Juanita James 11/30/09 16th Century British Literature Final Paper Sonnet Evolution When readers hear the word sonnet, they usually think of Shakespeare; however, he is not the first sonneteer, nor the last, of course. The sonnet got its beginnings centuries ago and has endured. One might ask why it has endured over such a lengthy period of time, and the answer is a simple one: EVOLUTION. Just as humans have had to evolve over time, the sonnet has had to do so as well.
The two main forms of the sonnet are the Italian sonnet (also referred to as the Petrarchan sonnet) and the English sonnet (also referred to as the Shakespearean sonnet). In an attempt to show the evolutionary road the sonnet has traveled, these two sonnet forms will be thoroughly examined. Credited for the creation of the sonnet is Giacomo da Lentini. Also know as Jacopo, Lentini created the sonnet sometime in the thirteenth century and are the earliest known. “He adapted the themes, style, and language of Provencal poetry to Italian, infusing it with his own aristocratic and exclusive tastes (Giacomo). All known poetry credited to Giacomo concerns various ideals of love, not necessarily in the same sense that love is seen today, rather, it is seen in terms such as “the service of the lover to his lady (Giacomo). ” Although Giacomo is the inventor, Petrarch is the sonneteer that is remembered and talked about concerning the art. Petrarch came along some years later to popularize the sonnet with his love sonnets about Laura and his unrequited love for her. He is thought to have met her in church, although “met” might be a little presumptuous.
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Petrarch was fixated on her, and created some of the most beautiful poetry, that we, otherwise, would never have seen. For a woman he would never know, for a woman he could never have, he should change the world forever; for that’s precisely what Petrarch did when he gave us the perfected sonnet. He provided the start to what would become generations of love poetry. As well as a love of literature, Petrarch also had during his early youth a deep religious faith, a love of virtue, and an unusually deep perception of the transitory nature of human affairs.
There now followed the reaction which also coincided with the beginning of his famous chaste love for a woman known now only as Laura. Vain attempts have been made to identify her, but Petrarch himself kept silent about everything that had to do with her personal life, or her social standing in the community. He was probably trying to protect her from criticism or just didn’t consider it important to mention while he was writing about his love for her. He first saw her in the Church of St. Clare at Avignon on April 6, 1327, and loved her, although she was outside his reach.
From this love there springs the work for which he is most celebrated, the Italian poems (Rime), which he thought of as mere trifles but which he collected and revised throughout his life (Petrarch). The sonnet, despite its rigor, is no exception to evolution, and over the years it has adopted a number of different rhyming patterns. The Petrarchan sonnet generally follows a set rhyme scheme, which runs as follows: abba abba cdc dcd. The first eight lines, or octave, do not often deviate from the abba abba pattern, but the last six lines, or sestet, frequently follow a different pattern, such as cde cde, cde ced, or cdc dee.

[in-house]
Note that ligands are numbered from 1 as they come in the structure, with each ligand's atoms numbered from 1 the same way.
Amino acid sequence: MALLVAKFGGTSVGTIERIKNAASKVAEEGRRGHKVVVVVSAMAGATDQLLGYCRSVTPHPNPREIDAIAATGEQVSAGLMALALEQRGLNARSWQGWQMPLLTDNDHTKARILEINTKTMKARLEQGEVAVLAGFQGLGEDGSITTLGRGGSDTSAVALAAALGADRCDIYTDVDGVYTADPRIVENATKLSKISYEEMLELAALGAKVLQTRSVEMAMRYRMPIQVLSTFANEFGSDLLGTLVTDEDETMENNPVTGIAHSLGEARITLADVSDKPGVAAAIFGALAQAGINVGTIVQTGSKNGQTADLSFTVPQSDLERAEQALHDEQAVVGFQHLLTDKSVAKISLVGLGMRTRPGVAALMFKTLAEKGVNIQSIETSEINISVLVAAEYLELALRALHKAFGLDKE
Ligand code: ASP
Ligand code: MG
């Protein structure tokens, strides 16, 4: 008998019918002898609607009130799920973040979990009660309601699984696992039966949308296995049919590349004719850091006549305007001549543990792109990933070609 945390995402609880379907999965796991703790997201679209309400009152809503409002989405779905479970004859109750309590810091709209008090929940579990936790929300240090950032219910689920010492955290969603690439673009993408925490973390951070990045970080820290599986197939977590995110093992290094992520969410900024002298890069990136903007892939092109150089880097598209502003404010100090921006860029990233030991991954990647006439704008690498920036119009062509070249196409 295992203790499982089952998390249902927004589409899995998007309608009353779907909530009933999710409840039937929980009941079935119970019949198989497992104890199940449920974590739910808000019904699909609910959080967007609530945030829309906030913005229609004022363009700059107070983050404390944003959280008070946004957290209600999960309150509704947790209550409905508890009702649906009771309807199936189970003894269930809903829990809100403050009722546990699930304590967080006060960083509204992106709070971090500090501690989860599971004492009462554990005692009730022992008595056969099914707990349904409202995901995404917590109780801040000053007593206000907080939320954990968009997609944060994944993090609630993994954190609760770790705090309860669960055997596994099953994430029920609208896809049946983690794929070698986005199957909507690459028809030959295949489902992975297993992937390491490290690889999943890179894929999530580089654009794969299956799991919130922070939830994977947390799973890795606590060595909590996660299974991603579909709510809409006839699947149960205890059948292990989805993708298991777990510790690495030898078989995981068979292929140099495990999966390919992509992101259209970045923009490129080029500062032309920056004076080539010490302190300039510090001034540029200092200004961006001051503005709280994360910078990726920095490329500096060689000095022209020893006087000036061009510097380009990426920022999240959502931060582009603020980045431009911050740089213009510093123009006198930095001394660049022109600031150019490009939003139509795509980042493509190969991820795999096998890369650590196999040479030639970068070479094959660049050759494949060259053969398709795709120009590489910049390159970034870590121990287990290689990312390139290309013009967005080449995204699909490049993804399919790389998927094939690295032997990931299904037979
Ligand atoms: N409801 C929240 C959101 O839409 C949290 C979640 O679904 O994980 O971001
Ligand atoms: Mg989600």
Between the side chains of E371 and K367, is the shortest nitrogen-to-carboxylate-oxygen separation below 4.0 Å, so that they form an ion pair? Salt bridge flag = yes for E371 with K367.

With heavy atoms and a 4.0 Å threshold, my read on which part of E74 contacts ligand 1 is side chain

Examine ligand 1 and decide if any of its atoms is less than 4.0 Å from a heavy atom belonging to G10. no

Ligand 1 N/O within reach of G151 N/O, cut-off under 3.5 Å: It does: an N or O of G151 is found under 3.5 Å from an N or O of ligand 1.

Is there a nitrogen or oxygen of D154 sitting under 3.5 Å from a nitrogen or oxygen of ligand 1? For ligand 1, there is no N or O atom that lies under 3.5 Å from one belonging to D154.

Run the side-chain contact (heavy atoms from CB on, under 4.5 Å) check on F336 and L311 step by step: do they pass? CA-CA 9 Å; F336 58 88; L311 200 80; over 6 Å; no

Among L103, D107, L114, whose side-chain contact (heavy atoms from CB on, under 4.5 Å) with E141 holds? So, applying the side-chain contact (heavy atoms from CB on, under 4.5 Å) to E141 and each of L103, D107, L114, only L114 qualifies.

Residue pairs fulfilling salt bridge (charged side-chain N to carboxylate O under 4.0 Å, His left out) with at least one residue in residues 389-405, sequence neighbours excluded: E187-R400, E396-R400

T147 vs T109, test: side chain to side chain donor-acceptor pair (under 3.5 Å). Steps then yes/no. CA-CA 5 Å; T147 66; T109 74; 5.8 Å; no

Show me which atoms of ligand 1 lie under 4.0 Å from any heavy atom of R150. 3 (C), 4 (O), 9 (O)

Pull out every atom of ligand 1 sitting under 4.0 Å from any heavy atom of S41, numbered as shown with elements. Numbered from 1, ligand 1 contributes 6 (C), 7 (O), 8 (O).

Each line also has the same number of syllables, usually eleven or seven by Petrarch. In time, other variants on this rhyming scheme were introduced. The octave and sestet have special functions in a Petrarchan sonnet. The octave’s purpose is to introduce a problem, express a desire, reflect on reality, or otherwise present a situation that causes doubt or conflict within the speaker. It usually does this by introducing the problem within its first quatrain (unified four-line section) and developing it in the second.
Typically, the ninth line (between the octet and the sestet) created a shift, which signaled the change in the topic or tone of the sonnet. This is also called a Volta and is usually indicated by words such as: but, yet, and, or and yet (Volta). The sestet’s purpose as a whole is to make a comment on the problem or to apply a solution to it. The rhyme scheme in the following poem, by Petrarch, follows the rhyme scheme of abba abba cdcdcd. The Volta (shift) occurs in the ninth line. “And yet I live! Myself I grieve and scorn. ” It is an exclamation of exasperation.
He is expressing his love throughout the first part of the sonnet, but then it’s almost as if he gives up. He is still alive although he says he’s in so much pain without her love in return. Gli Occhi Di Ch’ Io Parlai Those eyes, ‘neath which my passionate rapture rose, The arms, hands, feet, the beauty that erewhile Could my own soul from its own self beguile, And in a separate world of dreams enclose, The hair’s bright tresses, full of golden glows, And the soft lightning of the angelic smile That changed this earth to some celestial isle, Are now but dust, poor dust, that nothing knows.
And yet I live! Myself I grieve and scorn, Left dark without the light I loved in vain, Adrift in tempest on a bark forlorn; Dead is the source of all my amorous strain, Dry is the channel of my thoughts outworn, And my sad harp can sound but notes of pain. -Petrarch Although most sonneteers use the basic structure of the Petrarchan sonnet, they usually do not restrict themselves to his exact rhyme scheme; instead, some use iambic hexameter, while others do not use the octave-sestet division created by the traditional rhyme scheme (English Sonnet).
Whatever the changes made by poets, “no proper Italian sonnet will contain more than five different rhymes (Petrarch). ” In contrast, the English, or Shakespearean sonnet (named after Shakespeare, not because he was the first to write in this form, but because he was the most famous poet to use this sequence) consists of three quatrains of four lines and a couplet of two lines. The couplet generally introduced an unexpected sharp thematic shift. Shakespeare modified the sonnet form to require fewer words with the same rhyme, but in doing so, he also modified the kind of meaning or argument that the poem would convey (Booth 123).